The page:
In many cases, activist involvement can benefit investors. Skilled activists can help a company unlock value. However, they can also be an unwelcome distraction for a company that is trying to get back on track.
Cramer noted that Marcato's history in taking big, public activist positions has been inconsistent. The fund first gained notoriety in 2013 after joining a coalition of activists in a stake for Sotheby's. Its largest position is in Bank of New York Mellon, where the performance seemed mixed to Cramer, and the fund sold off 40 percent of its position in the stock earlier this year.
In late July, investors learned that Marcato had been having constructive talks with Buffalo Wild Wings, which included getting the company to move into a more franchise owned business model. Two weeks later at its annual analyst day, the company increased its buyback by $300 million and announced multiple initiatives.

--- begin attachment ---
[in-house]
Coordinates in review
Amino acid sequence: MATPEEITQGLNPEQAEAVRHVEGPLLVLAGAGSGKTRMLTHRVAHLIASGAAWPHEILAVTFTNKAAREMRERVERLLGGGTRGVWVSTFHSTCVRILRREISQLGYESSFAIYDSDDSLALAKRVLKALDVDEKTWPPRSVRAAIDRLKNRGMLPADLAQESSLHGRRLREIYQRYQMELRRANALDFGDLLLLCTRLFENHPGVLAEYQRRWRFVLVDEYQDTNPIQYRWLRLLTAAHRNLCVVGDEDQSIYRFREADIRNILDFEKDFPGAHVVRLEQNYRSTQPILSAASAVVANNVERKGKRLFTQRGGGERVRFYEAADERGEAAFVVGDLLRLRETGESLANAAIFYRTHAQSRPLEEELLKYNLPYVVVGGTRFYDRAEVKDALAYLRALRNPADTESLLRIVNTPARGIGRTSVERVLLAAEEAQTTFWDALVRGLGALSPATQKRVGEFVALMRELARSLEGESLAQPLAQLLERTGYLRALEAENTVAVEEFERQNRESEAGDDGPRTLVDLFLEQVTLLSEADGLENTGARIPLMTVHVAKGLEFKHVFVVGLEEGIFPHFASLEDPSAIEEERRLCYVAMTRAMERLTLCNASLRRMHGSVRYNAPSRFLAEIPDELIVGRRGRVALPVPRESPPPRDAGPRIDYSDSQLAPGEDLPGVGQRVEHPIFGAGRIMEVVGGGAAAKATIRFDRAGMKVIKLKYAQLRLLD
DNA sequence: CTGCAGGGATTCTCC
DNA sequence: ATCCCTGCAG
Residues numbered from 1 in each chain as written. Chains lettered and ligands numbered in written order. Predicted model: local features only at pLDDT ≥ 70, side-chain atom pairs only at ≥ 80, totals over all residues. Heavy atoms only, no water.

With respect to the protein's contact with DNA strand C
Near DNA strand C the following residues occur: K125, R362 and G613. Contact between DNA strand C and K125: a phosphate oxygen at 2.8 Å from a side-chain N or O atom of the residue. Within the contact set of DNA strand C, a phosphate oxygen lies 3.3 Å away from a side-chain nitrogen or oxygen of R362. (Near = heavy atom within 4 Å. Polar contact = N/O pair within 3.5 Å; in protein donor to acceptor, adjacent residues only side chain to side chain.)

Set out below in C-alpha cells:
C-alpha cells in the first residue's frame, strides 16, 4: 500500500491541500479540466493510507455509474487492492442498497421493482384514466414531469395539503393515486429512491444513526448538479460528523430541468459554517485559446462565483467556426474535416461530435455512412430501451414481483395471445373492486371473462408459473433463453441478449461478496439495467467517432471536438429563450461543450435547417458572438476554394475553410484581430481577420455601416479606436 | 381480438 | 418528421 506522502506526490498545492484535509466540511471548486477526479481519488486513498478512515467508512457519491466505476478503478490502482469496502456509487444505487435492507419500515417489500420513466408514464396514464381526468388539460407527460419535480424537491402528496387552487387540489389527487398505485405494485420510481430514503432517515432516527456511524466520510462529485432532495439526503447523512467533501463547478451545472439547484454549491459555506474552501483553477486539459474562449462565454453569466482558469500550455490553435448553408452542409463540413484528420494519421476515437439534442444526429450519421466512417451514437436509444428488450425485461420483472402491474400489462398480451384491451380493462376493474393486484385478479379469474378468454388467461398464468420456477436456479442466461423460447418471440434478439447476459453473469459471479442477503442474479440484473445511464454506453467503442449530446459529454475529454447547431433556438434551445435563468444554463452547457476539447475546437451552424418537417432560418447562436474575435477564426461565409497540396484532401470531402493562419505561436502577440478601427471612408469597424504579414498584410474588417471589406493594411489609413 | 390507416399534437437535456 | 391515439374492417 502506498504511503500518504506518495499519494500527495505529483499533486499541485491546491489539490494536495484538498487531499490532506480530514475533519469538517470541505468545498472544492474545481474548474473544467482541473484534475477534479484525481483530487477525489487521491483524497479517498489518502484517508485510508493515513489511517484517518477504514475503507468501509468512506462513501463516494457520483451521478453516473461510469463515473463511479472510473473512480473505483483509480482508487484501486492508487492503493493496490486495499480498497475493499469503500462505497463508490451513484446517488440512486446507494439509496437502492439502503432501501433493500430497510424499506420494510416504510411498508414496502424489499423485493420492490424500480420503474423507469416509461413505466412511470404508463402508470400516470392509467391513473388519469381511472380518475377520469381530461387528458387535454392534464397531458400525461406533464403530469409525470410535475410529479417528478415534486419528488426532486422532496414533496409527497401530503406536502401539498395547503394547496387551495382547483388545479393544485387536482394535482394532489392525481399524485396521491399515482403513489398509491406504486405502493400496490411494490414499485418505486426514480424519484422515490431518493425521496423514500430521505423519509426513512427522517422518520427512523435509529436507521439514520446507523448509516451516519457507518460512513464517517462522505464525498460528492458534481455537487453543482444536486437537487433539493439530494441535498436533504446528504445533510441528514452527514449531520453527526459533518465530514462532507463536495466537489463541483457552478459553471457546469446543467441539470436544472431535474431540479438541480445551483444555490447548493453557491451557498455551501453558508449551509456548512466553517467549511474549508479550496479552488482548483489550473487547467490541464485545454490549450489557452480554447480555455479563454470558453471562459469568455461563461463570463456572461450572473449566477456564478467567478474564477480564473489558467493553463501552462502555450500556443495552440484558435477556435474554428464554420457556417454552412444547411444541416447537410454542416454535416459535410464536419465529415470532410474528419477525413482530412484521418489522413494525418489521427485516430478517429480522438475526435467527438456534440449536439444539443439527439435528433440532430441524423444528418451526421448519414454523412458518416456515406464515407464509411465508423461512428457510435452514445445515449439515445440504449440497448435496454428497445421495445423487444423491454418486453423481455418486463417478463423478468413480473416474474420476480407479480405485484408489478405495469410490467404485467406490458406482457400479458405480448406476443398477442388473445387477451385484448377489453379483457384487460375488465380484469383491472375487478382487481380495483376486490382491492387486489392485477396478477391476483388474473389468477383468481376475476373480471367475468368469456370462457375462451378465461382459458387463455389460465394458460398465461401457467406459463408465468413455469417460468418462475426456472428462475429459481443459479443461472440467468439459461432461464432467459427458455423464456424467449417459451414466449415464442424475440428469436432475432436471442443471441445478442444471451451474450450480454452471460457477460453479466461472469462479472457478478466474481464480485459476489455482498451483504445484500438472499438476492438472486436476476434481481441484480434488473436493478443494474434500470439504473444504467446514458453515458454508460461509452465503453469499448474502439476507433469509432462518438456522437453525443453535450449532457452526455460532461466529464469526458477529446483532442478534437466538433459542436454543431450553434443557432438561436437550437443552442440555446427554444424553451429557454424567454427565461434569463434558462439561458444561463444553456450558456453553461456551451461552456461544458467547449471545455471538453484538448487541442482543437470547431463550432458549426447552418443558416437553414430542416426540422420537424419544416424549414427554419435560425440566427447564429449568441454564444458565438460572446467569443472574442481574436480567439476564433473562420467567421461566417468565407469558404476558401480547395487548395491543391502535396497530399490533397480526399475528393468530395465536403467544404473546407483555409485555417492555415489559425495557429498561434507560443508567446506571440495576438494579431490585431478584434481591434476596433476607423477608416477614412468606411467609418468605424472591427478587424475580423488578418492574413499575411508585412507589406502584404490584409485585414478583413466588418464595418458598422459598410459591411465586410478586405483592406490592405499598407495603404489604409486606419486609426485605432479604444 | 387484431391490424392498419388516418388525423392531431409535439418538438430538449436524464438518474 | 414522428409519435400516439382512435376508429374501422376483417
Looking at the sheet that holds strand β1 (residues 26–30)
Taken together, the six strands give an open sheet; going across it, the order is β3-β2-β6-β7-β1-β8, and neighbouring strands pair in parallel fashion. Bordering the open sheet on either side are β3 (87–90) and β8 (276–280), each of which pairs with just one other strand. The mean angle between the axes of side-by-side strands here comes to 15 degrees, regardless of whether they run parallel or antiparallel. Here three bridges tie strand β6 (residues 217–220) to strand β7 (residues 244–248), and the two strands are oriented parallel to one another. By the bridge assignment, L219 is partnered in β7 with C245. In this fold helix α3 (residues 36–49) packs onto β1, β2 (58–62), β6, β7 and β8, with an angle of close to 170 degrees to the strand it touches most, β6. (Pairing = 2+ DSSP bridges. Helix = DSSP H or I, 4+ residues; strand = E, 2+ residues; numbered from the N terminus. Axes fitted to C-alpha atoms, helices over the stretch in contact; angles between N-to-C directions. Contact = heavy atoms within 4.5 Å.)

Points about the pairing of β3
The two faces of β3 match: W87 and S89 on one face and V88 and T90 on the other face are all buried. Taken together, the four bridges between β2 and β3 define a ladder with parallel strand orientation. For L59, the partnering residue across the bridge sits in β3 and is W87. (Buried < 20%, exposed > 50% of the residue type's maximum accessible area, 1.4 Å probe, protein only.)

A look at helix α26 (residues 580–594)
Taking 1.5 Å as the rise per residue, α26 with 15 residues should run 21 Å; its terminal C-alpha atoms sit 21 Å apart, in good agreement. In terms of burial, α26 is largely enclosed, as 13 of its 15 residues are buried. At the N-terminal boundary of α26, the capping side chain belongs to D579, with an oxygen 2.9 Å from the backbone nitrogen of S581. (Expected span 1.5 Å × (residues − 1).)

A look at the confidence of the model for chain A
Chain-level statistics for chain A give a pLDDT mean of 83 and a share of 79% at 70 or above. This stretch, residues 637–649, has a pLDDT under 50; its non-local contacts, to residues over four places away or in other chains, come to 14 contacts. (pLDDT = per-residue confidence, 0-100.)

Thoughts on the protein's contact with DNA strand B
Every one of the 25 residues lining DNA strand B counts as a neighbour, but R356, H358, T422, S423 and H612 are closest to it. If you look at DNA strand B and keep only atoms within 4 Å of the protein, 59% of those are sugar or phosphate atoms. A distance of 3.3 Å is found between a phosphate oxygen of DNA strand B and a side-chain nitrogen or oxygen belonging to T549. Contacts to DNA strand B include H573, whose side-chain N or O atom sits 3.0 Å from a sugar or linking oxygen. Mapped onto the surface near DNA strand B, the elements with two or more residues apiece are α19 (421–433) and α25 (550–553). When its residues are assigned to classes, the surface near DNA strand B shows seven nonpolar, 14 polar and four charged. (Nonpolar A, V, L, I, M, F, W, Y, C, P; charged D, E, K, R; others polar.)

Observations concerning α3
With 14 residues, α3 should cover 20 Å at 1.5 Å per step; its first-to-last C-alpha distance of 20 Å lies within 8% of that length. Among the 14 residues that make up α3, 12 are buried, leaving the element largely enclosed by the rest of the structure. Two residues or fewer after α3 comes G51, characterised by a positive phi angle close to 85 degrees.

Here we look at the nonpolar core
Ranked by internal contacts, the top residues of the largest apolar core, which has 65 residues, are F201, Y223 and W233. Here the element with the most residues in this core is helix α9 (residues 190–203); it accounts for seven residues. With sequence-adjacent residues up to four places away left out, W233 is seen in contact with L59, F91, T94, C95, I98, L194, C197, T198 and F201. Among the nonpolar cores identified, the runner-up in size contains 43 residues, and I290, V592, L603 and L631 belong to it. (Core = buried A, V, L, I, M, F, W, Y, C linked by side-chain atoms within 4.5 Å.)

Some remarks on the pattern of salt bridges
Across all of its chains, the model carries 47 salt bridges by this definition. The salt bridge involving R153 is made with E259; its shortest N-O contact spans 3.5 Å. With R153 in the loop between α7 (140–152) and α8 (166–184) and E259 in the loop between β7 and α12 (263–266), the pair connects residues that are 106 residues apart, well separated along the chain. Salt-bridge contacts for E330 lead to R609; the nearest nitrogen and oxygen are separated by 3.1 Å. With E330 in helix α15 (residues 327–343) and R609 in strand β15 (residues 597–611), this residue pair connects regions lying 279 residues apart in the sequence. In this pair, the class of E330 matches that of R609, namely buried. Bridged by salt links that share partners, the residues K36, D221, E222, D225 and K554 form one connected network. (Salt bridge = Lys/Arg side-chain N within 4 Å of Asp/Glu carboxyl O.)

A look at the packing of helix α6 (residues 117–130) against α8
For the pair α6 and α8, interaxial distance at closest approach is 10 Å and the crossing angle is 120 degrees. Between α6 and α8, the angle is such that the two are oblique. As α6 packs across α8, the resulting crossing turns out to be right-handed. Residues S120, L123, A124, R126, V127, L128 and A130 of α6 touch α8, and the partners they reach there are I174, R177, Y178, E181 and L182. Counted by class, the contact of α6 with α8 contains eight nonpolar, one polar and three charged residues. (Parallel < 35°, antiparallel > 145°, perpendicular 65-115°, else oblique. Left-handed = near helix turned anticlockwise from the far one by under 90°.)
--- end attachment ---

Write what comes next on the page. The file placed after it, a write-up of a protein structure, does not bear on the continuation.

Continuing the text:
However, Marcato seemed unimpressed, and published a letter calling for the company to make substantial changes to its business practices and called for operational excellence. Buffalo Wild Wings indicated it would consider the proposals.
"I've got to say, aside from brooming the board and killing the new concepts, Marcato's suggestions are a lot more vague than what you normally hear from activists," Cramer said.
So, while Buffalo Wild Wings has been on a hot streak lately since Marcato got involved, Cramer failed to find a reason to believe the company has fixed its core problem — the vicious decline in same-store sales.
Until there is evidence of a comeback, Cramer's staying on the sidelines.